I’m not talking about all the usual suspects of literary crimes – the ones we’ve all discussed ’til we’re blue in the face – but rather, the other things that aren’t as commonly discussed but, nonetheless, drive me batty.
I’m currently reading a book (not work related) that is filled to the gills with foreshadowing statements. I kid you not, there is at least one in every chapter, each suggesting certain plot developments will happen later in the book. There are so many, in fact, that I’d like to predict this author’s literary career over and done with. Yes, it’s that bad. And I have to give a shake of my finger to the editor, who allowed this travesty to go unmolested.
What do I mean by this?
Foreshadow: to show or indicate beforehand.
It’s one of the literary devices in a writer’s tackle box. In the hands of a skilled writer, foreshadowing sets its little literary trap without the reader even being aware of it. It’s usually a small aside, meant to be akin to a passing statement. When that plot development happens, the reader instantly remembers the hint that was dropped chapters earlier.
It can be a big thing (the foundation of the plot, like in Romeo and Juliette, who would rather defy their families’ feud than live without each other. Or it can be a small thing like walking out without your new car registration and getting on the freeway. The foreshadowing hints that the character will need that registration at some point in the future.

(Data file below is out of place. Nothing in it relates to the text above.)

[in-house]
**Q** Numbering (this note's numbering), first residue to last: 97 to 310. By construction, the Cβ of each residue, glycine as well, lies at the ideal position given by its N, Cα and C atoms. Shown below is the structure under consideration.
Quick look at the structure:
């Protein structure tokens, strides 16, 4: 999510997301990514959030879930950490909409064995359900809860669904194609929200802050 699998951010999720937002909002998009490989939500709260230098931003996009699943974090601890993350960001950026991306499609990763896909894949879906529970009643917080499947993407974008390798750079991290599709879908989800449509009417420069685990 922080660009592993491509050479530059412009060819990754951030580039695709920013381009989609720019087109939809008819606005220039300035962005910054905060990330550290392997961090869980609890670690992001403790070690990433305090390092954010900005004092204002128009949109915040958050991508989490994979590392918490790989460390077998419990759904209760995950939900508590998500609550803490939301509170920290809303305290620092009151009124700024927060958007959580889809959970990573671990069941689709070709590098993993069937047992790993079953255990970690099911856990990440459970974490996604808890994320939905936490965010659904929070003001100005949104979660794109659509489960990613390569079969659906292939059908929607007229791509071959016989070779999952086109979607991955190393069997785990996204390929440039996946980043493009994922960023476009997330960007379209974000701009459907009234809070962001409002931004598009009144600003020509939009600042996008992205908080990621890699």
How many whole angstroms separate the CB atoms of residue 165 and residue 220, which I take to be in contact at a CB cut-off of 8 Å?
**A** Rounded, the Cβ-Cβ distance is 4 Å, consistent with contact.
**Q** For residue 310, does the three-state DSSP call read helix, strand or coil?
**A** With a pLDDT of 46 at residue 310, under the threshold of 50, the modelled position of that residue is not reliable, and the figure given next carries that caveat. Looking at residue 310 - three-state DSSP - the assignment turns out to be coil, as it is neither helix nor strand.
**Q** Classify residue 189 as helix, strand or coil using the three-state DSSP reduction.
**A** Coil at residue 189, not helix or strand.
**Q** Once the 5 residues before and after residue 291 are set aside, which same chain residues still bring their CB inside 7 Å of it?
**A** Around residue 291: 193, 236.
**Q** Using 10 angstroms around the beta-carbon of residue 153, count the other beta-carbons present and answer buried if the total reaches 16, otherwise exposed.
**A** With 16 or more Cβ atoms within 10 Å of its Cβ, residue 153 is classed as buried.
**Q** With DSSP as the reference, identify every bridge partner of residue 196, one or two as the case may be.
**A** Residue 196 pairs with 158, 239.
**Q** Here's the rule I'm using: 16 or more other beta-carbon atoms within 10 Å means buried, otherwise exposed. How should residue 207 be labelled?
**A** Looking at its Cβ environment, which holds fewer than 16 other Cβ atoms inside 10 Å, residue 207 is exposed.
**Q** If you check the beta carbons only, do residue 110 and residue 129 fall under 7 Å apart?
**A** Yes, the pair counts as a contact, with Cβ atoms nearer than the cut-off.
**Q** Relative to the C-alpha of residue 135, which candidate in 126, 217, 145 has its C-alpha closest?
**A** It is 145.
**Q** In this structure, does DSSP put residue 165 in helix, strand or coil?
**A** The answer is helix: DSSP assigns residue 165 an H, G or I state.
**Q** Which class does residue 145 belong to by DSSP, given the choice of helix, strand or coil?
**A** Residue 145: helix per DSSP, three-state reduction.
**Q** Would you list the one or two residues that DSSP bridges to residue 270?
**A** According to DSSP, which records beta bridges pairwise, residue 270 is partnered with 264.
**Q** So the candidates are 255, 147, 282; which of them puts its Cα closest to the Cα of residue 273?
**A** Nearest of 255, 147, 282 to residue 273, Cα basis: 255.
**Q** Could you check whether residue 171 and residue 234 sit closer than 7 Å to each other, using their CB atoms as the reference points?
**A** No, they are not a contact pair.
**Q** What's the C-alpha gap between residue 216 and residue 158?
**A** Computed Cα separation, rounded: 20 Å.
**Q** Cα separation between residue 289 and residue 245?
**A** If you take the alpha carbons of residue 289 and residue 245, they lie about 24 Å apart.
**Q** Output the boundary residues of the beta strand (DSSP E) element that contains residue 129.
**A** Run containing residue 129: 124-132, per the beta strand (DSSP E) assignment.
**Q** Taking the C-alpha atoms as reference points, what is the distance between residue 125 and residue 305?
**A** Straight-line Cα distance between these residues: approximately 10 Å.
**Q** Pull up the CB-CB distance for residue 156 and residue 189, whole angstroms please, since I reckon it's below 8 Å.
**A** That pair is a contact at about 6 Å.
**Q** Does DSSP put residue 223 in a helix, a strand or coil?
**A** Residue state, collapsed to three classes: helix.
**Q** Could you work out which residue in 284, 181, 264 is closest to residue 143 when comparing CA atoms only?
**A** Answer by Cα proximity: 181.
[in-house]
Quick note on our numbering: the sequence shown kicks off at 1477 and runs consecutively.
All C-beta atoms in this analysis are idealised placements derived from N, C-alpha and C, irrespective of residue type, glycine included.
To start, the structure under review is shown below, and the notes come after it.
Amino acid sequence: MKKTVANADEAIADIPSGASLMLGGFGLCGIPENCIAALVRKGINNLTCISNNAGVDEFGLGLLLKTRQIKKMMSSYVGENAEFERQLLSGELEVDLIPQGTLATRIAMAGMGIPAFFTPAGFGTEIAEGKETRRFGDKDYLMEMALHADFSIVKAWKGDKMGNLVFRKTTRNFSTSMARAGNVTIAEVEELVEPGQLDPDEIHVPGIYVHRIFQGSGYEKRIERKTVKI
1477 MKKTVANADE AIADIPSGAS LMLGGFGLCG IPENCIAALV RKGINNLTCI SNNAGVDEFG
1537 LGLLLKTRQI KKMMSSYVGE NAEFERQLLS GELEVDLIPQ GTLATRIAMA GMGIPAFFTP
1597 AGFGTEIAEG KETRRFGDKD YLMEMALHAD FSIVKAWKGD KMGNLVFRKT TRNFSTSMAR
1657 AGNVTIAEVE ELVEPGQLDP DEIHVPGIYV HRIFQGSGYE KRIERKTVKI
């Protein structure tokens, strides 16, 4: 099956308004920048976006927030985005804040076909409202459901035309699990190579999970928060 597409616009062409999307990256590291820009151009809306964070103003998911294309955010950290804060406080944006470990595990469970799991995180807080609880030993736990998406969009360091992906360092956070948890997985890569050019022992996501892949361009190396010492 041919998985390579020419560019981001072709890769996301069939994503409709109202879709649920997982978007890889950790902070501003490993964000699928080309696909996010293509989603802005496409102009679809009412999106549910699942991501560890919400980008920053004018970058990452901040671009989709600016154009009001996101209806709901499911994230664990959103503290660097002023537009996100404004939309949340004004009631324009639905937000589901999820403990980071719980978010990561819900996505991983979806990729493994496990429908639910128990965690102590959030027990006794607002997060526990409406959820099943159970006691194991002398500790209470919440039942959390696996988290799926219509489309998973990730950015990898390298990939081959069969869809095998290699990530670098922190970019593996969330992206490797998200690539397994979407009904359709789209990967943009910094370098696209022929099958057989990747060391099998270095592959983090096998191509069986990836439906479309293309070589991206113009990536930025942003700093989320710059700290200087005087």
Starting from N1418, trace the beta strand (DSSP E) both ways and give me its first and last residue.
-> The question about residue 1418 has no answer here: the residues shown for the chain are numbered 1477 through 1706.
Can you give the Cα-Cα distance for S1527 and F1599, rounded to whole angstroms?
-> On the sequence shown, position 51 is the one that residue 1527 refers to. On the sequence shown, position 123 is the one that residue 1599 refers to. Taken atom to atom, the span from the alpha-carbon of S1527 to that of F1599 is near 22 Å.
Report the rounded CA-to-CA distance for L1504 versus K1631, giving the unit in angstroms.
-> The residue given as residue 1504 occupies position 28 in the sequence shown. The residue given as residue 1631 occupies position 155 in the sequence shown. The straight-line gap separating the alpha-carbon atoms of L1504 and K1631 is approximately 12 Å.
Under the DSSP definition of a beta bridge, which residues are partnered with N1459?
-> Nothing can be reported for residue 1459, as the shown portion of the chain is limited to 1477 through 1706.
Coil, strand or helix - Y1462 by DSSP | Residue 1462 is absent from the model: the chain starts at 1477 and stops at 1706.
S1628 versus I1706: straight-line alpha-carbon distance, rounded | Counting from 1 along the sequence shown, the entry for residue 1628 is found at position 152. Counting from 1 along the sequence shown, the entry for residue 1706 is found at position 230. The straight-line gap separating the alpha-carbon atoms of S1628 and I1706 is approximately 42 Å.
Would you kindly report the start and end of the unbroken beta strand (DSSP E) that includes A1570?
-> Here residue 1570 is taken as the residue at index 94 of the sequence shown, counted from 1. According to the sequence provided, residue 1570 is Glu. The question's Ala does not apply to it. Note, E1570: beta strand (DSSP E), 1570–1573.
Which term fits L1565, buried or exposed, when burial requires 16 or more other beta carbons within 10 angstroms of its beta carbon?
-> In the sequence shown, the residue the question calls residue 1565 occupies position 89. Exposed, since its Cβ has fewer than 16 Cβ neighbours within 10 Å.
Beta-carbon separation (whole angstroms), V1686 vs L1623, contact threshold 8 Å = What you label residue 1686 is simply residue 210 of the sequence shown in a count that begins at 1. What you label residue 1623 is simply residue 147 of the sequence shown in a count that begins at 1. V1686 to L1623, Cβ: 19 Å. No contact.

It’s fine to just leave it at that:
Jane grabbed her purse and yelled upstairs to her husband. “I’m leaving now for the drive-thru daiquiri factory. Be home soon.”
Ron looked at the mail sitting on his desk and saw the car registration. He jumped up and ran downstairs. “Jane, hold on, you forgot to take the car registration.” Too late. Ron stood in the middle of the street and watched the tail lights of his wife’s car disappear around the corner.
That’s foreshadowing, and the reader now has a hint something is going to happen that involves Jane not having her car registration. Bada bing, bada boom.
What I really, really, really detest is when the author feels compelled to add a…“Jane would soon learn that she should have checked the mail.”
It’s unnecessary pluff and takes the reader out of the moment. The author makes a huge mistake for not giving the reader some credit for having a brain.
How you deliver that hint is what makes for fun reading or the fervent desire to consume bleach. Right now, I’m in the drinking bleach category because the author is so hideously clumsy with every single chapter…and this is a Random House pubbed book. There’s no attempt at being clever or remotely artistic. Readers don’t need to be told,
I’ve noticed that some writers worry that they’ve been too subtle and the reader won’t pick up the clues, so they feel compelled to give the reader a helping hand with a “HELLO, PAY ATTENTION TO THIS PART!” statement. If you’re that concerned, run it past your beta readers. Readers are a lot more intuitive than we think, and the worst thing we can do is treat them as if they’d dropped their brains in the back alley.
Are there scenes in your book where you do this, or are tempted to?